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The factions of the circus

A material difference may be observed in the games of antiquity: the most eminent of the Greeks were actors, the Romans were merely spectators.

The Olympic stadium was open to wealth, merit, and ambition; and if the candidates could depend on their personal skill and activity, they might pursue the footsteps of Diomede and Menelaus, and conduct their own horses in the rapid career.

[Read and feel the xxiiid book of the Iliad, a living picture of manners, passions, and the whole form and spirit of the chariot race. West's Dissertation on the Olympic Games (sect. xii-xvii) affords much curious and authentic information.] Ten, twenty, forty chariots, were allowed to start at the same instant; a crown of leaves was the reward of the victor, and his fame, with that of his family and country, was chaunted in lyric strains more durable than monuments of brass and marble.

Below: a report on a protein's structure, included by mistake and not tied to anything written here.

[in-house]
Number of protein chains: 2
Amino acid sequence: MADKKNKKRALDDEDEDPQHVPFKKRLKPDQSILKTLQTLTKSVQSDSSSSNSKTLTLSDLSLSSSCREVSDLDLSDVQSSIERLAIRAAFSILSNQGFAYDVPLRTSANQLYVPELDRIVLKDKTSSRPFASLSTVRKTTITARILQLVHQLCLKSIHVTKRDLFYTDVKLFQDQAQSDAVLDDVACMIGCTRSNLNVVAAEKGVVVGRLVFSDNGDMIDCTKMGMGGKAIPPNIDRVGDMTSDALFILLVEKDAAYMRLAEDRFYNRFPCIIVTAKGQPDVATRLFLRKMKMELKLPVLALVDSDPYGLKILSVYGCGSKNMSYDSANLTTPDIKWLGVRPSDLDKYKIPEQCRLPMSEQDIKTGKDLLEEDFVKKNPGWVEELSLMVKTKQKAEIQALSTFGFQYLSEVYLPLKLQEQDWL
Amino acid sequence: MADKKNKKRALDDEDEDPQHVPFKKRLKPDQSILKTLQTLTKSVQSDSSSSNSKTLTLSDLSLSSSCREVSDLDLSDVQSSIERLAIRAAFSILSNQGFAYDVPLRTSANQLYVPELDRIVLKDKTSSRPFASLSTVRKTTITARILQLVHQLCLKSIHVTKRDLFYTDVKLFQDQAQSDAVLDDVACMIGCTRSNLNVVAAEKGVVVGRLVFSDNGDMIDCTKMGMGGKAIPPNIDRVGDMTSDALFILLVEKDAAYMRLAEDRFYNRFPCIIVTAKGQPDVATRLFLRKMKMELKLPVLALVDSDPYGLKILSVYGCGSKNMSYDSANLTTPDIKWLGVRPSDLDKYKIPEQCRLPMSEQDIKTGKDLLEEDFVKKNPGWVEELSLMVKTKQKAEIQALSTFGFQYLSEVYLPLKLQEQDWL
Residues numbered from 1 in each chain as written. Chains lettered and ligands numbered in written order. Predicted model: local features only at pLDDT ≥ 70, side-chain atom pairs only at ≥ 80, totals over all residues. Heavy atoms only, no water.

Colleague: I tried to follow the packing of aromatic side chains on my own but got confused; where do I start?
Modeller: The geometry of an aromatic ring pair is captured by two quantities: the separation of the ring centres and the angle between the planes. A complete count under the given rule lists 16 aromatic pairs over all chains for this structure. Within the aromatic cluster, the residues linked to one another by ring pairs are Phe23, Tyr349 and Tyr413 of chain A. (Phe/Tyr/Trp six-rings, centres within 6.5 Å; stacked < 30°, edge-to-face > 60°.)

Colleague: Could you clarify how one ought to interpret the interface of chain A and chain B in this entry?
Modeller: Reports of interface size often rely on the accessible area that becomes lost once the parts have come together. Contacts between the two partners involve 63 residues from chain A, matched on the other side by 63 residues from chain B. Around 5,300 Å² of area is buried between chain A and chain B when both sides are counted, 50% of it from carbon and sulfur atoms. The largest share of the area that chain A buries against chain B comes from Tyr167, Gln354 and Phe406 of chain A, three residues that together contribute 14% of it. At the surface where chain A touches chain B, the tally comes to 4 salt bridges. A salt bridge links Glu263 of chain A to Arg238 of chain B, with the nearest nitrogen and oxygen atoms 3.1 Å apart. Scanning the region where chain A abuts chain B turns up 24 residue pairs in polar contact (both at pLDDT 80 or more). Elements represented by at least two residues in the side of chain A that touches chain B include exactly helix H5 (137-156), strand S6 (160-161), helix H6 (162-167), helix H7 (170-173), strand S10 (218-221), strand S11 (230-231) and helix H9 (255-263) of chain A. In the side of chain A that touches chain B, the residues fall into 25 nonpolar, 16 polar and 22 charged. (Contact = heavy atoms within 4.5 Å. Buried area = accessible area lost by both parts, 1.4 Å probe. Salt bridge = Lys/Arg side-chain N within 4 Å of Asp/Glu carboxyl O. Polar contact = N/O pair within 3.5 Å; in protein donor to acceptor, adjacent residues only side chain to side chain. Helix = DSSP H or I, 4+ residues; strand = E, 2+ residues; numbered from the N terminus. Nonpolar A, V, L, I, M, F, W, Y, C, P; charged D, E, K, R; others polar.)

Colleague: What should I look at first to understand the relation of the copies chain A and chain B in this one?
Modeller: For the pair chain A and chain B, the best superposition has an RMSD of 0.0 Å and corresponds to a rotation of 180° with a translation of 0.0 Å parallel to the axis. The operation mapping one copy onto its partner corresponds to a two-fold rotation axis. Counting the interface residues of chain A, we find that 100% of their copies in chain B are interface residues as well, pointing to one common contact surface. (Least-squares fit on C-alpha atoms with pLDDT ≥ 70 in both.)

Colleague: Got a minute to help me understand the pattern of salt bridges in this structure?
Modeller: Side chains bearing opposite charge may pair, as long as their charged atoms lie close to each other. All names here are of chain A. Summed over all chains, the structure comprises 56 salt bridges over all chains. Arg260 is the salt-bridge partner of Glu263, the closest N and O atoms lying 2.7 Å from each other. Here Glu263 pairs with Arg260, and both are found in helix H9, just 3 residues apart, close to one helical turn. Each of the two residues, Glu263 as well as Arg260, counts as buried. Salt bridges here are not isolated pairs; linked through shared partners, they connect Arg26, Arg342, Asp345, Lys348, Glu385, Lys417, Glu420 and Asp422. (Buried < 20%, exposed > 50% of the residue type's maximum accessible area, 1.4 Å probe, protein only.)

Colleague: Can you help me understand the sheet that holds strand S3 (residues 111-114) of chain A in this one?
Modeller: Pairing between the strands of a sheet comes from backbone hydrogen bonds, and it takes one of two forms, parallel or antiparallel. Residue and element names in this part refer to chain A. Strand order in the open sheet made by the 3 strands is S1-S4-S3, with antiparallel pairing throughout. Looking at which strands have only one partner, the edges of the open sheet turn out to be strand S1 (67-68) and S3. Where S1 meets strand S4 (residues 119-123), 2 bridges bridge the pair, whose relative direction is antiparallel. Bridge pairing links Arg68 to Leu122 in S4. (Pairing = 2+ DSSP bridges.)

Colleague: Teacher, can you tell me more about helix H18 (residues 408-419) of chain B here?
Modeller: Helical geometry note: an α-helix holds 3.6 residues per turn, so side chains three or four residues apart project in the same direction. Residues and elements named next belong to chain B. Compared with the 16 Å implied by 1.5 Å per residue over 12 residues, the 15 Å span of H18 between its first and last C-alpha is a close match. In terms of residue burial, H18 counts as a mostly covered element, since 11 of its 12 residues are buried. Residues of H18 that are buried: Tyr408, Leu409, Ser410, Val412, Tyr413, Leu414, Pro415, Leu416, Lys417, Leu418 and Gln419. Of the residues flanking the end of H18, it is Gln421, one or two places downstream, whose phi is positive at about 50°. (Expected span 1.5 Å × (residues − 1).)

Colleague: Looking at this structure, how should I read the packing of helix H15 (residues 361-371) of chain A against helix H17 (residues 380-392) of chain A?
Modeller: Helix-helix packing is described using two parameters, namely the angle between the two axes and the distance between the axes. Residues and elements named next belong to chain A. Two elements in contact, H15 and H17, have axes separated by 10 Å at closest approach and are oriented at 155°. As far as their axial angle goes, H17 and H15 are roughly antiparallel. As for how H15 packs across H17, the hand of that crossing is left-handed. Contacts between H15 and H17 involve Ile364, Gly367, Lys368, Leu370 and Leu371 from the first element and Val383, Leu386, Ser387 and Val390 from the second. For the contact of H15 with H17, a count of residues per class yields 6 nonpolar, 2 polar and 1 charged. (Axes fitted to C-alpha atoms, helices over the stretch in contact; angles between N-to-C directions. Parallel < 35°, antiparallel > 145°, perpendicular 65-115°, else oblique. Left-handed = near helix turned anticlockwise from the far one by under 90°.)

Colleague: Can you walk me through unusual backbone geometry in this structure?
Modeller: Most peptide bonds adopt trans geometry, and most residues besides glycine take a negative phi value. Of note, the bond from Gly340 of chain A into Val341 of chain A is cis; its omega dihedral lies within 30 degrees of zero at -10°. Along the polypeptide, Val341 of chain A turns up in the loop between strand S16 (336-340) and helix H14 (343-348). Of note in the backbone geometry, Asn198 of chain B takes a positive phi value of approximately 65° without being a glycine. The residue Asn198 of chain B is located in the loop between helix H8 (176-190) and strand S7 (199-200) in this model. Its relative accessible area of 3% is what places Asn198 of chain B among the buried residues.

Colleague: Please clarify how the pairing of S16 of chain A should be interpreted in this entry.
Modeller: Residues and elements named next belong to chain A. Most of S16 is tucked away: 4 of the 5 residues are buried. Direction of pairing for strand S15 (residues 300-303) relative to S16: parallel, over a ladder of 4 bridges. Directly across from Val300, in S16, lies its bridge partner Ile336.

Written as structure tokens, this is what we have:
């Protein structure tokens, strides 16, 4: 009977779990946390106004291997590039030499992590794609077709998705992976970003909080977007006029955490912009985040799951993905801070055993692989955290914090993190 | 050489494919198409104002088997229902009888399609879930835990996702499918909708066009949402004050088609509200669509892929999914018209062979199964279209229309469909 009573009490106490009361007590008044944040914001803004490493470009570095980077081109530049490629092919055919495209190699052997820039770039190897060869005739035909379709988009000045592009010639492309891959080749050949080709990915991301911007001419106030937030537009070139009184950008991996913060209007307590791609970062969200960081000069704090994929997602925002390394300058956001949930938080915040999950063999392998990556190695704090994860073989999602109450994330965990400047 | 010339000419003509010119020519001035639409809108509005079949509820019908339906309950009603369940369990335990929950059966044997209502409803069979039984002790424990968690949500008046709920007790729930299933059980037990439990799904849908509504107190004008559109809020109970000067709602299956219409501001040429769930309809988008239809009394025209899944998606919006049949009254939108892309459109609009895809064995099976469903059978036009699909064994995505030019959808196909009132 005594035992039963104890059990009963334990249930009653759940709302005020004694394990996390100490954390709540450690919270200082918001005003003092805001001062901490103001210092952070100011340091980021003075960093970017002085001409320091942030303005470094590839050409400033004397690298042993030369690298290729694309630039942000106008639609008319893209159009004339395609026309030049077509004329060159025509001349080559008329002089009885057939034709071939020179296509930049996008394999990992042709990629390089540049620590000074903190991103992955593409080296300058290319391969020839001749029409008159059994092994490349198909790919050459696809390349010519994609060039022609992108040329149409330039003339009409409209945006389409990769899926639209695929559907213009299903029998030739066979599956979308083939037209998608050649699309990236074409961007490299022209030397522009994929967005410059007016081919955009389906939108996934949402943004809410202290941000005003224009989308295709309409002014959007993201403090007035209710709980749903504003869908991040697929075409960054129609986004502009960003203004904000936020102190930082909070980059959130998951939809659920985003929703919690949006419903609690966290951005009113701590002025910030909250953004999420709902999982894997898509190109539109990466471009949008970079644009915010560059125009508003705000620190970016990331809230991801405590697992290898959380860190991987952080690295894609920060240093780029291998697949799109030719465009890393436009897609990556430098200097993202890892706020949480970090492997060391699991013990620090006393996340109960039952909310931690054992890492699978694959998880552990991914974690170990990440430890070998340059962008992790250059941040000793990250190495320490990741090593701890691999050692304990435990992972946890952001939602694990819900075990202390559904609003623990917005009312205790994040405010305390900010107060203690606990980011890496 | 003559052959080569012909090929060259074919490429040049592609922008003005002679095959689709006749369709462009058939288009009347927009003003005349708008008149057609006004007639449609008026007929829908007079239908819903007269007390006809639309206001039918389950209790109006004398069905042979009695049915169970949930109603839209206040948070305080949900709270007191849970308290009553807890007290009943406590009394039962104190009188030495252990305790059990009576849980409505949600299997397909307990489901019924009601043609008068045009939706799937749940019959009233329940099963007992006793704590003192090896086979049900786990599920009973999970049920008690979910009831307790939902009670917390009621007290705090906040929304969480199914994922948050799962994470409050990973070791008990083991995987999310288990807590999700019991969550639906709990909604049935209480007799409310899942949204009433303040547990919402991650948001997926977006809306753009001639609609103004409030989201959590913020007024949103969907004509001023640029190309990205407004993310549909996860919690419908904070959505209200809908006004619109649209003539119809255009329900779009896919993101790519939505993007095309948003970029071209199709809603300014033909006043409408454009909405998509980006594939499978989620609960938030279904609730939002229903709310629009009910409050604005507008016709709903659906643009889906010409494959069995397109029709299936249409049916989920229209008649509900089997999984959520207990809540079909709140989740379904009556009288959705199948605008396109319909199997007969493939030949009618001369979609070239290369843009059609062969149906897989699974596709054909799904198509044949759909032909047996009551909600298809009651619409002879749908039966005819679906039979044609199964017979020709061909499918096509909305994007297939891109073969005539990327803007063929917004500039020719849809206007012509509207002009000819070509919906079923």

But a senator, or even a citizen, conscious of his dignity, would have blushed to expose his person or his horses in the circus of Rome. The games were exhibited at the expence of the republic, the magistrates, or the emperors: but the reins were abandoned to servile hands, and if the profits of a favourite charioteer sometimes exceeded those of an advocate, they must be considered as the effects of popular extravagance, and the high wages of a disgraceful profession.

[Edward Gibbon: The History of the Decline and Fall of the Roman Empire vol. 4, chap. XL, sect. II, para. 1; London mdcclxxxviii]

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